I’ve had the pleasure to work with Gary Lalonde, a wonderful corporate trainer and motivational speaker, over the years and I’ve always loved his traditional greeting: “What’s the good news?”
During these challenging times, this seems like a helpful tool to consider.
First of all, it sets a positive tone and it puts the responder in the position of doing a quick brain search to come up with something that is going right in their lives.
I’ll admit it can be a bit disarming, especially for those Debbie and David Downers out there. Cue the sound effect from “Saturday Night Live” (waaaah, waaaah).
Lions and tigers and bears, oh my!
Our brains have a natural tendency to go toward the fearful “fight or flight” response. Blame it on that throwback to the saber-toothed tiger days and the human race’s need for safety. It’s estimated that 70% of what we encounter in our outer worlds is negative, so look at how much we need to overcompensate just to get back to neutral!
Rick Hanson, Ph.D., is a psychologist who has done extensive research in the neuroscience arena. He sums up the negativity bias of our brains in an interesting illustration below:
“Our ancestors had to avoid two kinds of mistakes:
Thinking there’s a tiger in the bushes, but actually all is well.
Thinking all is well, while actually there is a tiger about to pounce.
What’s the cost of the first mistake? Just needless worry. But what’s the cost of the second mistake? Gulp, no more mistakes ... forever. So, we have a brain that tends to make the first mistake again and again ... to avoid ever making the second one.
As a result, the brain is like Velcro for negative experiences, but Teflon for positive ones.”
Dealing with uncertainty
During this pandemic, there are lots of unknowns. This can be particularly unsettling, causing imaginations to run toward worst-case scenarios. At the other extreme, a “Pollyanna” attitude is not the best way to deal with uncertainty, either. As with many situations, the balance hangs in the middle.
Since our brains have that negative bias, and there’s a tendency to look at things that are going wrong, it could be helpful to look at what’s going right in your life. Just taking five minutes a day to reflect on the positive things in your life can work wonders.
I’m currently studying the book, “A Course in Miracles.” Today’s lesson is, “I Could See Peace Instead of This.” Quite appropriate for these times, don’t you think?
Dealing with stress
Pop quiz: What is a powerful antidote to worry, stress and anxiety? You may be thinking of a treatment or a supplement to take. Actually, gratitude is one of the best — and quickest — ways to turn around a downward spiral.
You’ve likely heard of the power of gratitude journals. Sometimes this method may seem forced, which is fine since it’s OK to fake it till you make it. If you have resistance to journaling, though, I’ve included a simple exercise below that may be helpful.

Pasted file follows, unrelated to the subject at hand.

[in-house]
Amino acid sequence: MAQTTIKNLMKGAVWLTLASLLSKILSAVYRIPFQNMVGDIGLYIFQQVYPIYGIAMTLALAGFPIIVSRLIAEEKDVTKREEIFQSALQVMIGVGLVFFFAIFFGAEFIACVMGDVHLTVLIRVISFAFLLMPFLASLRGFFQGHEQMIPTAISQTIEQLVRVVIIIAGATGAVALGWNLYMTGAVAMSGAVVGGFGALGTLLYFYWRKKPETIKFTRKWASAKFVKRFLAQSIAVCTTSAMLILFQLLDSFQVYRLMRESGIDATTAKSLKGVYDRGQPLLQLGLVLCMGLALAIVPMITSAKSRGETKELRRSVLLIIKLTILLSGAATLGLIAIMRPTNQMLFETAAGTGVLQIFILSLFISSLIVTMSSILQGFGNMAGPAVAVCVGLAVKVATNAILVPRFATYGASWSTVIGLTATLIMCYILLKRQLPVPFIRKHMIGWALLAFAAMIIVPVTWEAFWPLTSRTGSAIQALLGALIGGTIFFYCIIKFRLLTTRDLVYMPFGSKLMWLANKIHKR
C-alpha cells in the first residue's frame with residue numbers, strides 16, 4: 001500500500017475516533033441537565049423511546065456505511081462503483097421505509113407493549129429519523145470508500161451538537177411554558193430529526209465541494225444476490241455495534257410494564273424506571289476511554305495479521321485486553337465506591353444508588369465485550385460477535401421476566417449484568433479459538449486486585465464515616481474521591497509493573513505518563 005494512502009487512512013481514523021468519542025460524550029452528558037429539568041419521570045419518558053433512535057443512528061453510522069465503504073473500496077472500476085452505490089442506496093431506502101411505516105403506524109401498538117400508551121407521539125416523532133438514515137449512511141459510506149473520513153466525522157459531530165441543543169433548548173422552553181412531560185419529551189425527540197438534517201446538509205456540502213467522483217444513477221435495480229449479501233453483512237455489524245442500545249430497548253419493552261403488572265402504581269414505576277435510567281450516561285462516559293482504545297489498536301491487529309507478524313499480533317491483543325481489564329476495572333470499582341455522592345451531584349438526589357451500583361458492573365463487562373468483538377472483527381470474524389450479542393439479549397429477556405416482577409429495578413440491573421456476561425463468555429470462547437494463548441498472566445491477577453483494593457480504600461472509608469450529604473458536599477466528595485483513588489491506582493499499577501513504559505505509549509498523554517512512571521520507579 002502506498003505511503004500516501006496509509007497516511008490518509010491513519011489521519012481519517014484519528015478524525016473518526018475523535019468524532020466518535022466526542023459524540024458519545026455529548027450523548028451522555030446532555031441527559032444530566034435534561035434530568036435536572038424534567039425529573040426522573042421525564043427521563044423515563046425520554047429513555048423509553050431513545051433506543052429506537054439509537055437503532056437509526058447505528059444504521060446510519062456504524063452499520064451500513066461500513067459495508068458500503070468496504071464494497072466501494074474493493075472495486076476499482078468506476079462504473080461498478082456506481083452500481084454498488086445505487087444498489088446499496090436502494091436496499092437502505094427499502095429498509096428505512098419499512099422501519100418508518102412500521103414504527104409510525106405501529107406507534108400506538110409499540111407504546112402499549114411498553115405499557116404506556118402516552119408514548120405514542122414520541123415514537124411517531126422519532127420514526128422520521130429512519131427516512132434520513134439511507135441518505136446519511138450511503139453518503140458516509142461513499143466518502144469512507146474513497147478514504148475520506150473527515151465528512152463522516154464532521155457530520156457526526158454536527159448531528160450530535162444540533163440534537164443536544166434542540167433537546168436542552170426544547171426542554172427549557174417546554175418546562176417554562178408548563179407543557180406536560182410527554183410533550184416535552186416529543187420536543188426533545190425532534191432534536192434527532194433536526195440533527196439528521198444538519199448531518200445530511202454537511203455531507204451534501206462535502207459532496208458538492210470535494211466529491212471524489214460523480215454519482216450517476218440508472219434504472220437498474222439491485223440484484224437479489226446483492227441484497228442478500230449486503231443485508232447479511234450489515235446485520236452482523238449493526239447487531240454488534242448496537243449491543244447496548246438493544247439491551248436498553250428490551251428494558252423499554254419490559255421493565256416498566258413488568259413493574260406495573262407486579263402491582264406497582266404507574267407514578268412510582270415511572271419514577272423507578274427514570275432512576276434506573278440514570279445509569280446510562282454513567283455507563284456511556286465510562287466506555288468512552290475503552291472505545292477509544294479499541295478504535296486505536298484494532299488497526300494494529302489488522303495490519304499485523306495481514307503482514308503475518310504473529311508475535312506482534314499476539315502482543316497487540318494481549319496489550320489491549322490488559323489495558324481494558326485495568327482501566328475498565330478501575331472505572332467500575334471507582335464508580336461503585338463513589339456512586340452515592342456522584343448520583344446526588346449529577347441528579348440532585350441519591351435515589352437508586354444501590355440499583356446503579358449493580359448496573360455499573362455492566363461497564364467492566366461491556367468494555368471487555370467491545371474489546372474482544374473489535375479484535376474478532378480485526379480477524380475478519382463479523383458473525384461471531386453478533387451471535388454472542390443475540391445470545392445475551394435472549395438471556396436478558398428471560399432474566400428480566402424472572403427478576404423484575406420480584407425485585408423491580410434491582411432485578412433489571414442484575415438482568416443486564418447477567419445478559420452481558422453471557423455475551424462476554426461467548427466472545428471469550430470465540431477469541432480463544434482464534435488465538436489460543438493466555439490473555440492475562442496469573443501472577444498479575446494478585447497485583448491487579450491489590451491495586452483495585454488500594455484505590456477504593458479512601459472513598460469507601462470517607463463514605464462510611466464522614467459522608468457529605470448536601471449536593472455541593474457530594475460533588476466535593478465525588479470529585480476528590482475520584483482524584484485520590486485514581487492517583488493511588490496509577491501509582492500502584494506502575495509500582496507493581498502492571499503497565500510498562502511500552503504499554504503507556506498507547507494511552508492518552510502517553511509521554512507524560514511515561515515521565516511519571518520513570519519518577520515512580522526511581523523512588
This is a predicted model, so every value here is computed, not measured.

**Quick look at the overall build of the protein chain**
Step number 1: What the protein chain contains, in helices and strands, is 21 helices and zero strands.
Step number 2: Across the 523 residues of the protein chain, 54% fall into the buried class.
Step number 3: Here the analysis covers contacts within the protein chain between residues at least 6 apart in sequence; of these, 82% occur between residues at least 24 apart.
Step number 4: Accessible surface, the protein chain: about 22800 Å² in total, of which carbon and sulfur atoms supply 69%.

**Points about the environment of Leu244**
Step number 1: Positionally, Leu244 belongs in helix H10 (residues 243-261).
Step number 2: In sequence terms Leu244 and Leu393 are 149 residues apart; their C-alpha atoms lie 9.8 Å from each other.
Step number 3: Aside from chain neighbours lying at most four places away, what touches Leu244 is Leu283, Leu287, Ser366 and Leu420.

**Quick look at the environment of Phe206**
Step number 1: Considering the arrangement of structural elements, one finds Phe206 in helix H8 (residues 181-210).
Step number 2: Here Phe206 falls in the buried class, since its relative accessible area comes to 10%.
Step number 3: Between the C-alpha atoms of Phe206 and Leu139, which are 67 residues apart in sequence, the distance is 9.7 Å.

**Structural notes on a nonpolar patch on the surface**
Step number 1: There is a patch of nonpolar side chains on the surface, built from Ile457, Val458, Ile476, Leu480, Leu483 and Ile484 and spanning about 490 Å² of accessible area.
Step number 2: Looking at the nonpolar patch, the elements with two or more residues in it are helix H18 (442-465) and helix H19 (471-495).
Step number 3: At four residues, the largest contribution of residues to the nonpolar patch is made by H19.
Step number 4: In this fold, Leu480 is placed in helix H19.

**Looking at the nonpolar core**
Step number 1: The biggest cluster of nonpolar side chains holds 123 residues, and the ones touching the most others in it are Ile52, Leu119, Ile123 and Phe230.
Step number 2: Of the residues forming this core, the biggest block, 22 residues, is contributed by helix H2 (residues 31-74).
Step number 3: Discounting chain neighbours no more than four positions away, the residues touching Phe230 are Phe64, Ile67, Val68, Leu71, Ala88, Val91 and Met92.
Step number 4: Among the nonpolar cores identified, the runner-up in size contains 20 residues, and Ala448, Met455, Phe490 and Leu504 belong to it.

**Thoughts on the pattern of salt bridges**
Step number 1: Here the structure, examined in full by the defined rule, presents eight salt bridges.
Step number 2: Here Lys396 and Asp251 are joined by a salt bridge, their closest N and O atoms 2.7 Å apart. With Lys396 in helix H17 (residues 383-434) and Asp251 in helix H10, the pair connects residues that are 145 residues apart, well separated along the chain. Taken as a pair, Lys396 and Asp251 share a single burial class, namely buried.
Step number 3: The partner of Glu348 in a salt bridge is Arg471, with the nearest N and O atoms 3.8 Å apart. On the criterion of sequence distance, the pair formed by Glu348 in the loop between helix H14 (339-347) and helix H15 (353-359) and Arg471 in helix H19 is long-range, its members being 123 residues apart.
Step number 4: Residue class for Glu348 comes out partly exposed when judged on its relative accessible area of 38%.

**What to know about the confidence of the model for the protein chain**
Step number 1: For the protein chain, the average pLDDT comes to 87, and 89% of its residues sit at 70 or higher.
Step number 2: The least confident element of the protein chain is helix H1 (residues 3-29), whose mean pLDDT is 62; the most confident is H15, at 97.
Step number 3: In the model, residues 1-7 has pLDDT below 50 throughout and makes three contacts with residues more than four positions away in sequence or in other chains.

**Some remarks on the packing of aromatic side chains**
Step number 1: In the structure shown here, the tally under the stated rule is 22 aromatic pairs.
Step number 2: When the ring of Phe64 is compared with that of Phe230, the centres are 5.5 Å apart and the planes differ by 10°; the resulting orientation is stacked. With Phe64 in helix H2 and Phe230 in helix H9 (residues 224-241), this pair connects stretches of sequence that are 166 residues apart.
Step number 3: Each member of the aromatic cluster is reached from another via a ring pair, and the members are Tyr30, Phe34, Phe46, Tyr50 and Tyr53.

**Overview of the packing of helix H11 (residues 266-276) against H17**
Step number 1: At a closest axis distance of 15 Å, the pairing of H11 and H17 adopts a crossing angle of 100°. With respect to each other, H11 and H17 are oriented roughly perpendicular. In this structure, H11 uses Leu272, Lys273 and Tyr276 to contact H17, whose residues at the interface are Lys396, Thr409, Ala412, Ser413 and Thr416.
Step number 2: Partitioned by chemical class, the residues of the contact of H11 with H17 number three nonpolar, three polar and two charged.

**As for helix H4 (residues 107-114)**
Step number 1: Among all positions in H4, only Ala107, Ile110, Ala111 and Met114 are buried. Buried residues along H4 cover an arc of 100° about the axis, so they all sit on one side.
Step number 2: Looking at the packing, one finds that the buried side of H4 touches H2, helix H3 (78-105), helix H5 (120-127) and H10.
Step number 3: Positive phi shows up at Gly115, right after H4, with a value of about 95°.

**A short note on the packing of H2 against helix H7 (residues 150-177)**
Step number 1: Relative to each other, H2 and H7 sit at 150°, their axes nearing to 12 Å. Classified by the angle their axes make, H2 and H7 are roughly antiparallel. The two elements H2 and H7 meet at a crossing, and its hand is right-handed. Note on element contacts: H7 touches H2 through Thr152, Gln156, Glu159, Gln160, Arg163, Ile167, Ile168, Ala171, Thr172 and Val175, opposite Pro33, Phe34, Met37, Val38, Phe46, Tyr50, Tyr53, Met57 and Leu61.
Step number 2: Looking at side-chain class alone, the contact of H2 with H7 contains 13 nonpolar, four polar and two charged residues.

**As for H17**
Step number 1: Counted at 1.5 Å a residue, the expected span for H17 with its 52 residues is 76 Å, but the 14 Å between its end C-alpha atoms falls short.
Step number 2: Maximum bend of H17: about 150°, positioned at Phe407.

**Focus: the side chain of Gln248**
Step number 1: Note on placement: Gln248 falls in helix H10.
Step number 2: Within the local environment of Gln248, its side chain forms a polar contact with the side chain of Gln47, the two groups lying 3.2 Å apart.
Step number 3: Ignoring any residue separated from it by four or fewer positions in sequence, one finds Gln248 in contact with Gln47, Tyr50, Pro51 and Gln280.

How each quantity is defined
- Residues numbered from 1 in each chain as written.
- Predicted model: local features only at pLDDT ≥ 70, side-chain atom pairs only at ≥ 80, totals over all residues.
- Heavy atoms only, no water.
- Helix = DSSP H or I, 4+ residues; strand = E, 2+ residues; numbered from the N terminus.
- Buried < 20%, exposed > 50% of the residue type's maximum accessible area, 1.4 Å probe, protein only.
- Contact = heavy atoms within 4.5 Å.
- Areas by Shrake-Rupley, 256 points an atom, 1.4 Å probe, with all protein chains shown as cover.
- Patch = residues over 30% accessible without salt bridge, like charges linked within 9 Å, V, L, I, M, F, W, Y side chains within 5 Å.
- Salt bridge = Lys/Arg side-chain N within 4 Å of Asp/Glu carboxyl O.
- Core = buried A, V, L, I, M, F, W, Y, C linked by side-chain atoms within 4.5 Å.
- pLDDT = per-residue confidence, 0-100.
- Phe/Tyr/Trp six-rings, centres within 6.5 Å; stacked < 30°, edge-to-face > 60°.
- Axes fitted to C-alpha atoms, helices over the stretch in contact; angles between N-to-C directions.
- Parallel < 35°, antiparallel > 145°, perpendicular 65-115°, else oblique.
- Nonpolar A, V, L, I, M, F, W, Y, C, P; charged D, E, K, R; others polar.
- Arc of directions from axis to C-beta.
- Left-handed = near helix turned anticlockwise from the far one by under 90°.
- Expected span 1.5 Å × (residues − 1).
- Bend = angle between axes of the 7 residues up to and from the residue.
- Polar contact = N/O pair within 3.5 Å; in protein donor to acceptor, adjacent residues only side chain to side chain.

Asking the right questions
Our brains love questions, and they go in search of answers. The problem, though, is we often ask questions out of fear and they have no real answers. The mind keeps searching and searching and going around in circles. This keeps the uncertainty swirling.
Try this easy exercise, developed by author, trainer and registered nurse Aila Accad, to help with focus, clarity and gratitude. It’s very simple, yet it can yield profound results. Just keep asking your mind these questions:
What is going right in my life?
What else is going right?
And what else is going right?
Our brains think in pictures, so the more you can attach a positive picture to your answer, the better. Images of pets, grandchildren and anything in nature fit the bill nicely, as well as a “fist pump” when recalling a particular success.
Putting it into perspective
My niece, Caity, has a wonderful way of shedding light on life lessons with her sons. She came up with the term “PIP it,” as a shorthand way of saying, “Put it into perspective,” and we’ve adopted the phrase in our extended family. It often helps us to snap back quickly.
Consider these real-life scenarios, shared by authors and life coaches, Marc and Angel Chernoff, from participants in their workshops. Talk about PIP-ing it!
“On my nursing shift at the hospital this evening, I was forced into a moment of clarity when I got off the phone, utterly flustered after having an argument with my husband. An 8-year-old patient — who is dying of leukemia — asked me if I was OK.”
“Today is the 10-year anniversary of the day I had planned on ending my life. It’s also the 10-year anniversary of the day I found out I was pregnant with my now 9-year-old son. He’ the reason I changed my mind. And he is so worth it! But, perhaps most important, I now realize I am worth it, too.”
So, what’s the good news in your life?